Passing the Chemical Weapons Convention Is in America's Best Interest

The Washington Times (Washington, DC), January 24, 1997 | Go to article overview
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Passing the Chemical Weapons Convention Is in America's Best Interest


Once again, Frank Gaffney Jr.'s commentary paints a false portrait of the Chemical Weapons Convention now before the Senate while missing the big picture ("Clinton's chemical weapons power play," Jan. 14). This treaty is about other people's weapons, not our own. The United States decided unilaterally more than a decade ago to destroy its chemical weapons arsenal. So the only question today is whether to require other nations to do the same.

The treaty will give us tools to deal with at least 20 countries - many hostile to us - that have or seek chemical weapons. Tough new trade controls will make it harder for rogue states and terrorists to get their hands on the ingredients to cook up poison gas. Today, there is no international law making it illegal for countries such as Libya and Iran to make or keep chemical weapons stockpiles. Mr. Gaffney would like to keep such a law off the books because he claims the treaty adds to our proliferation concerns.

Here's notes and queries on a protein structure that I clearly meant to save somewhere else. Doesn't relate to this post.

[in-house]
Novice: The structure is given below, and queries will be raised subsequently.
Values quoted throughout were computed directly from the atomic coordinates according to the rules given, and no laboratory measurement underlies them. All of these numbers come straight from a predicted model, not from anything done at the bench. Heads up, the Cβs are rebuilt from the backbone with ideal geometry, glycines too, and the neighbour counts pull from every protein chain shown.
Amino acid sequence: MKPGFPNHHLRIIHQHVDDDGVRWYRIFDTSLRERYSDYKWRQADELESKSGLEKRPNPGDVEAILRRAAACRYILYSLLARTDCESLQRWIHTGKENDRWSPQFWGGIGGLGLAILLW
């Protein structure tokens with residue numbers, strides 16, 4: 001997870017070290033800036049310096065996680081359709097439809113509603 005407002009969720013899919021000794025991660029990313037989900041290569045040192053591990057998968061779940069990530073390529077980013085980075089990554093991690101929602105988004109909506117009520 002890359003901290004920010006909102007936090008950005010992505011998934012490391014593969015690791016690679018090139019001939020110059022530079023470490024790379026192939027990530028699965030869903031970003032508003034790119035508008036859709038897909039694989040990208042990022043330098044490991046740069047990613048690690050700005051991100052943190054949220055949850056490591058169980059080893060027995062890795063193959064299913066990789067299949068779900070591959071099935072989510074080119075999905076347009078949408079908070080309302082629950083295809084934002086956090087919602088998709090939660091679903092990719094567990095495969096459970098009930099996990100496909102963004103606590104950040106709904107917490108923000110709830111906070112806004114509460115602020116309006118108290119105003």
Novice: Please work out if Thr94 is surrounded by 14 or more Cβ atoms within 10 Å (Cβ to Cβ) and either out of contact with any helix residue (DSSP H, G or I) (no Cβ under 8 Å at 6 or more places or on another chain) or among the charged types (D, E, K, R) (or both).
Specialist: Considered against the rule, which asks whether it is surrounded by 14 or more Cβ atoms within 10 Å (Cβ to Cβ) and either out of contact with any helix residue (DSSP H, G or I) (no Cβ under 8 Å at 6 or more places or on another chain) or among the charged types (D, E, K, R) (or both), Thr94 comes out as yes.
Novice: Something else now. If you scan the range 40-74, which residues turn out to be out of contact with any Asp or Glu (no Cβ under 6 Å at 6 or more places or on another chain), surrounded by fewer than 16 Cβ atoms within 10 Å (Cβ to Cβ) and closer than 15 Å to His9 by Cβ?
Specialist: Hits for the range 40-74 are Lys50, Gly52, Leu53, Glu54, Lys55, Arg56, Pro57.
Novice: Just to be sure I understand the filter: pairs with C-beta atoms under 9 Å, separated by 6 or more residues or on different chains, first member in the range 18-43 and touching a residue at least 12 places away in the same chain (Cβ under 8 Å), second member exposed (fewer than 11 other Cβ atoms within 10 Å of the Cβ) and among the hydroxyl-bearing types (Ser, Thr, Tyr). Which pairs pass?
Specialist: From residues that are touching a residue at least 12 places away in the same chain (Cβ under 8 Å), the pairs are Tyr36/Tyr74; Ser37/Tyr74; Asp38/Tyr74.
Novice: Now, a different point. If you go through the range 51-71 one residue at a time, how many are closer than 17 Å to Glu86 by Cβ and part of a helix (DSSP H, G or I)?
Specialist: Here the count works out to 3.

Mr. Gaffney also claims the treaty obliges us to provide information useful to other countries' chemical weapons programs. Not true. The treaty's objective is to ban chemical weapons. It compels members not to assist or encourage anyone who seeks to violate its provisions. This obligation overrides any requirement to facilitate trade of technical cooperation whenever there is a chemical weapons proliferation concern. Members also preserve the right to maintain or impose export controls for foreign policy or security reasons.

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Passing the Chemical Weapons Convention Is in America's Best Interest
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